You are looking at the blog title and you are thinking to yourself, "I don't even know how to pronounce that word, much less what it even means..."
Well, good news! That is exactly what I'll be explaining on Sunday (not just how to pronounce the word 'Aeropagus' but also exactly why that obscure geographic reference in the Acts of the Apostles is so very important).
In meantime, I hope you will read through Acts 17:22-31 (conveniently reprinted at the bottom of this post) and feel the power and the promise of some of the most familiar words in the New Testament: "For in him we live and move and have our being."
Then Paul stood in front of the Areopagus and said, ‘Athenians, I see how extremely religious you are in every way. For as I went through the city and looked carefully at the objects of your worship, I found among them an altar with the inscription, “To an unknown god.” What therefore you worship as unknown, this I proclaim to you. The God who made the world and everything in it, he who is Lord of heaven and earth, does not live in shrines made by human hands, nor is he served by human hands, as though he needed anything, since he himself gives to all mortals life and breath and all things. From one ancestor he made all nations to inhabit the whole earth, and he allotted the times of their existence and the boundaries of the places where they would live, so that they would search for God and perhaps grope for him and find him—though indeed he is not far from each one of us. For “In him we live and move and have our being”; as even some of your own poets have said,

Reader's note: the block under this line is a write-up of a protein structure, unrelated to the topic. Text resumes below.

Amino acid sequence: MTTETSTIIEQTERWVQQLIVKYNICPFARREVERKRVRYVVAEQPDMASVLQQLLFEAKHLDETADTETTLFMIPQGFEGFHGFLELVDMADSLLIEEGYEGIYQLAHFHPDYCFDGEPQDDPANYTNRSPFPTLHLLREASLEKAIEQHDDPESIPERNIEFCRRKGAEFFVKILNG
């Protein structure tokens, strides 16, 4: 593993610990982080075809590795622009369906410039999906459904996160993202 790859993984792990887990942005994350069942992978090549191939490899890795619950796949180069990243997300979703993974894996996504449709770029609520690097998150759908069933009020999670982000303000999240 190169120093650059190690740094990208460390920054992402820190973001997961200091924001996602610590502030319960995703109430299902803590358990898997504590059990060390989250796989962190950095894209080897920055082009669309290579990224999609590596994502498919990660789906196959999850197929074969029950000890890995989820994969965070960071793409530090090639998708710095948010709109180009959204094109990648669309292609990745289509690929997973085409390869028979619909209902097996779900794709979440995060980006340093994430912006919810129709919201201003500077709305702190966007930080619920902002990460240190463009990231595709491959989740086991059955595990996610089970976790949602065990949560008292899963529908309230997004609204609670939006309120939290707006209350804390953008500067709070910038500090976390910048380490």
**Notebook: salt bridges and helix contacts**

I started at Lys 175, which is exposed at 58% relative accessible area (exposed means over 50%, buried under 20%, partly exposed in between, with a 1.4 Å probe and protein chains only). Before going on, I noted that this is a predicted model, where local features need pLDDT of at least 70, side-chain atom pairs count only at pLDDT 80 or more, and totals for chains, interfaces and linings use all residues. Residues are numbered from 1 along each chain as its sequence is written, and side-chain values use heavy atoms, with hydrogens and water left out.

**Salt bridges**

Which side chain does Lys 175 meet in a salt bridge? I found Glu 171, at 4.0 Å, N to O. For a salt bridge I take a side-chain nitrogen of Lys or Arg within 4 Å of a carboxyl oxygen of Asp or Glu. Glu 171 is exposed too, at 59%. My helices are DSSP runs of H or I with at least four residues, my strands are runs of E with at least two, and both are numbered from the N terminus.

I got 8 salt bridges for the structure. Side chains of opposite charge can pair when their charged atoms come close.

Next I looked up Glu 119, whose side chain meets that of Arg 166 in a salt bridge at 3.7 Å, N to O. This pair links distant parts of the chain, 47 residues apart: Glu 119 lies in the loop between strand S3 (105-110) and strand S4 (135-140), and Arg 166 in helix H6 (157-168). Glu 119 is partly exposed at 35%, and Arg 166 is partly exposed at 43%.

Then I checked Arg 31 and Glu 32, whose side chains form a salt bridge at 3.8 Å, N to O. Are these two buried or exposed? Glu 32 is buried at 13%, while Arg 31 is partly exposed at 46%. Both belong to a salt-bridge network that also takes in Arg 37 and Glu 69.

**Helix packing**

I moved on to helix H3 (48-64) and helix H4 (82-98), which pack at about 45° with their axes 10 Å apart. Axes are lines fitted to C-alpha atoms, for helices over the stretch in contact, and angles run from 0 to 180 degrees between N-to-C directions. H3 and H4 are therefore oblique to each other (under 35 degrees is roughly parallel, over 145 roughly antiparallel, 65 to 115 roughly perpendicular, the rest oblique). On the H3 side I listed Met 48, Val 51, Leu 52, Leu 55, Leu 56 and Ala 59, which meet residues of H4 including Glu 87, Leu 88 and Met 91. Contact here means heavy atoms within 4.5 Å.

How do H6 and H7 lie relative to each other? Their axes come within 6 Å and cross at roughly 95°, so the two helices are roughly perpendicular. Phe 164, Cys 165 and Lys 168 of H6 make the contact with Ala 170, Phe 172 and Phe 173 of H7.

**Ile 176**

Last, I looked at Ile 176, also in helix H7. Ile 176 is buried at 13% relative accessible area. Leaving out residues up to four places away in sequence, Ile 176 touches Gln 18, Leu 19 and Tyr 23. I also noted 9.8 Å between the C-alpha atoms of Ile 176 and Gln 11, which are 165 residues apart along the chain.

“For we too are his offspring.”
Since we are God’s offspring, we ought not to think that the deity is like gold, or silver, or stone, an image formed by the art and imagination of mortals. While God has overlooked the times of human ignorance, now he commands all people everywhere to repent, because he has fixed a day on which he will have the world judged in righteousness by a man whom he has appointed, and of this he has given assurance to all by raising him from the dead.’